UK-based mining giant Anglo American is planning to sell its oldest platinum mines in South Africa, in a decision that would lose 20,000 jobs.

The company’s South African operations account for around 40% of platinum production in the world and employ more than 40,000 people.

The sale would include mines that have been operating since 1950s and affect one-fifth of its global workforce, reported The Sunday Times.

"The sale would include mines which are operating since 1950s and affect one-fifth of its global workforce."

According to media reports, the assets are likely to be sold to a smaller local company.

The move is part of Anglo’s CEO Mark Cutifani’s plans to streamline the business by disposing of under-performing assets.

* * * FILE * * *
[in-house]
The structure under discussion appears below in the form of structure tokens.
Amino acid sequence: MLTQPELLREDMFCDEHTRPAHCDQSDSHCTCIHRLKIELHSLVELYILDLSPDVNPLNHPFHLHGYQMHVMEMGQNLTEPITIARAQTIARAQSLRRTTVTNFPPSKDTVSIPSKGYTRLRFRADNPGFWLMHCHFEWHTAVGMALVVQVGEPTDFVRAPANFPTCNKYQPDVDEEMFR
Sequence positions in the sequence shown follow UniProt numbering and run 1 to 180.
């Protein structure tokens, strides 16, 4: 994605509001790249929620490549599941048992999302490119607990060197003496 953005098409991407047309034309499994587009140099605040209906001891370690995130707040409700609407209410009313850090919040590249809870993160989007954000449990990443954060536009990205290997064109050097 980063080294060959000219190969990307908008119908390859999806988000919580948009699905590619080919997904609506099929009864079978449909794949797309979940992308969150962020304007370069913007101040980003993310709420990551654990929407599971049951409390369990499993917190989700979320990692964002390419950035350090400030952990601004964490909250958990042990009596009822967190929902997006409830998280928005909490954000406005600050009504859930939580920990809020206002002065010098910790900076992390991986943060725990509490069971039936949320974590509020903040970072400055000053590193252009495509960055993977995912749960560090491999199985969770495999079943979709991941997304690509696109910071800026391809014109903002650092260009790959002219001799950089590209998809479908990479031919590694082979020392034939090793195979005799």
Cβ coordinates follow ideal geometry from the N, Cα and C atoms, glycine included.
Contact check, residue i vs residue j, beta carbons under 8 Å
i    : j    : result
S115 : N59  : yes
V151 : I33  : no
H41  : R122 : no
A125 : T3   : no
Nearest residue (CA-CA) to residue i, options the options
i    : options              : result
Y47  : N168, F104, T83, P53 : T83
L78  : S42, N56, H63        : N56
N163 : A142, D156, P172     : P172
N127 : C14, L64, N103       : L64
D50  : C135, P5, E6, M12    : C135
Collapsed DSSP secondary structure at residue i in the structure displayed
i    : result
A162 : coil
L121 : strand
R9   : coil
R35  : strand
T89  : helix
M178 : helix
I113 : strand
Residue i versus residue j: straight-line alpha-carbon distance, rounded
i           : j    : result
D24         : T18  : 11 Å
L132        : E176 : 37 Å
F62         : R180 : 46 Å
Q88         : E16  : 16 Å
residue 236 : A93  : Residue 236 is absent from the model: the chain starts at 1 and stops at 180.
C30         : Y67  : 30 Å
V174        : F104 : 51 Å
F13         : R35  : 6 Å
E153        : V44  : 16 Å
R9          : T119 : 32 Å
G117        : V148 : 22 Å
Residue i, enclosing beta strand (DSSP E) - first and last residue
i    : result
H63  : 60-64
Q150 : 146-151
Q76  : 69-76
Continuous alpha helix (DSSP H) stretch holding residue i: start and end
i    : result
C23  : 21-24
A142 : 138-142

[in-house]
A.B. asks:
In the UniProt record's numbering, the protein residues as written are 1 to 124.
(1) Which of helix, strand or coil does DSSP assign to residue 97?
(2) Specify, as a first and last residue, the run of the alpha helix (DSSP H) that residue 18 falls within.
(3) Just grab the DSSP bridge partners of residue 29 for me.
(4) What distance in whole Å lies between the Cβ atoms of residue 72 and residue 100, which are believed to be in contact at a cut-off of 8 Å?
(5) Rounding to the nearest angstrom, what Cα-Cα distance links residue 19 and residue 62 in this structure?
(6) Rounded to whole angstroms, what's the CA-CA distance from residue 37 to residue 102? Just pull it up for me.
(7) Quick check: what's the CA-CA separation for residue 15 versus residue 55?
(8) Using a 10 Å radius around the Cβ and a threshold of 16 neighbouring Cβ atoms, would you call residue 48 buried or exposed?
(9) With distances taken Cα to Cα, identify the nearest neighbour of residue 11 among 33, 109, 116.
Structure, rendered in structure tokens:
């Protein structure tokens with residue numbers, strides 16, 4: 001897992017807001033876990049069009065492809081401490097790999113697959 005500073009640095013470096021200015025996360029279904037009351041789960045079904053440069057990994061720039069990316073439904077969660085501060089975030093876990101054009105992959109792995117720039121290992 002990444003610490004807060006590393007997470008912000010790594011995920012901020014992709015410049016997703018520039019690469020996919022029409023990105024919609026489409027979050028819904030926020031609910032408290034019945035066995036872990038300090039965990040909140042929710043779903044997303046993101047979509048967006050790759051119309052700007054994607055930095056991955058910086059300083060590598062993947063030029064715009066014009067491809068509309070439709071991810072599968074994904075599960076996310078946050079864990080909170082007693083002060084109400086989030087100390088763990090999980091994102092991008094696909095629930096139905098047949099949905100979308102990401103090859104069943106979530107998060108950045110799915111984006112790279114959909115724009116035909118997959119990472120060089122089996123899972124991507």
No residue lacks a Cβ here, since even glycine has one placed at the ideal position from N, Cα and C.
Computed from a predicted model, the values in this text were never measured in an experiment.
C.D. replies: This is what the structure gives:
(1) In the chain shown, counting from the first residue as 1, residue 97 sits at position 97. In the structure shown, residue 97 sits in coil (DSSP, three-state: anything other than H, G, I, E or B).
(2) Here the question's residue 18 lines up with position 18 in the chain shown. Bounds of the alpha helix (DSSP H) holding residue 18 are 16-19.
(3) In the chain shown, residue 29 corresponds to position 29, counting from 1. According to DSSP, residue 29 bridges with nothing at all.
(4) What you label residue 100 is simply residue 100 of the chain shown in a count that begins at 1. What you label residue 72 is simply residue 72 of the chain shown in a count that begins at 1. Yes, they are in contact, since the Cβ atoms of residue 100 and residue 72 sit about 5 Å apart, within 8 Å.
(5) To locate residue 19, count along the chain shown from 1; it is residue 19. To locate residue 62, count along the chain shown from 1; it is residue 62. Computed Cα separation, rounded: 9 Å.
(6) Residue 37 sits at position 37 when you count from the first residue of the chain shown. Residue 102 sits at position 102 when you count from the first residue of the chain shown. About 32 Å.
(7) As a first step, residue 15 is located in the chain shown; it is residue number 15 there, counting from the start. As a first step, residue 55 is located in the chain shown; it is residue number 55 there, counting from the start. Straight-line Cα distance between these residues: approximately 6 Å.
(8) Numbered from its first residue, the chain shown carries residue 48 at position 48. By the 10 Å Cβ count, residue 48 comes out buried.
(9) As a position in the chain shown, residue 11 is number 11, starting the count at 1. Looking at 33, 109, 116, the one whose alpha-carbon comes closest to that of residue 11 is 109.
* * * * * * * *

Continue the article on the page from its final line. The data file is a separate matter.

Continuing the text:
Anglo American aims to raise the profits from 8% in June to 15% by 2016 by divesting under-performing assets.

The company was recently hit by one of the longest and most expensive mining strikes in the country, which lasted for five months from January to June. It resulted in a loss of ZAR$11.27bn ($1.06bn) for Anglo.

During the second quarter ending 30 June, the company’s platinum production fell by 40% to 358,000oz due to a strike at Rustenburg, Amandelbult and Union mines in South Africa.

Disposal of the platinum assets is expected to help the mining company raise $4bn.

Anglo American spokesman James Wyatt-Tilby had previously said: "We have been clear that a number of assets in the portfolio are unlikely to satisfy our stated return criteria and will be divested at the right time."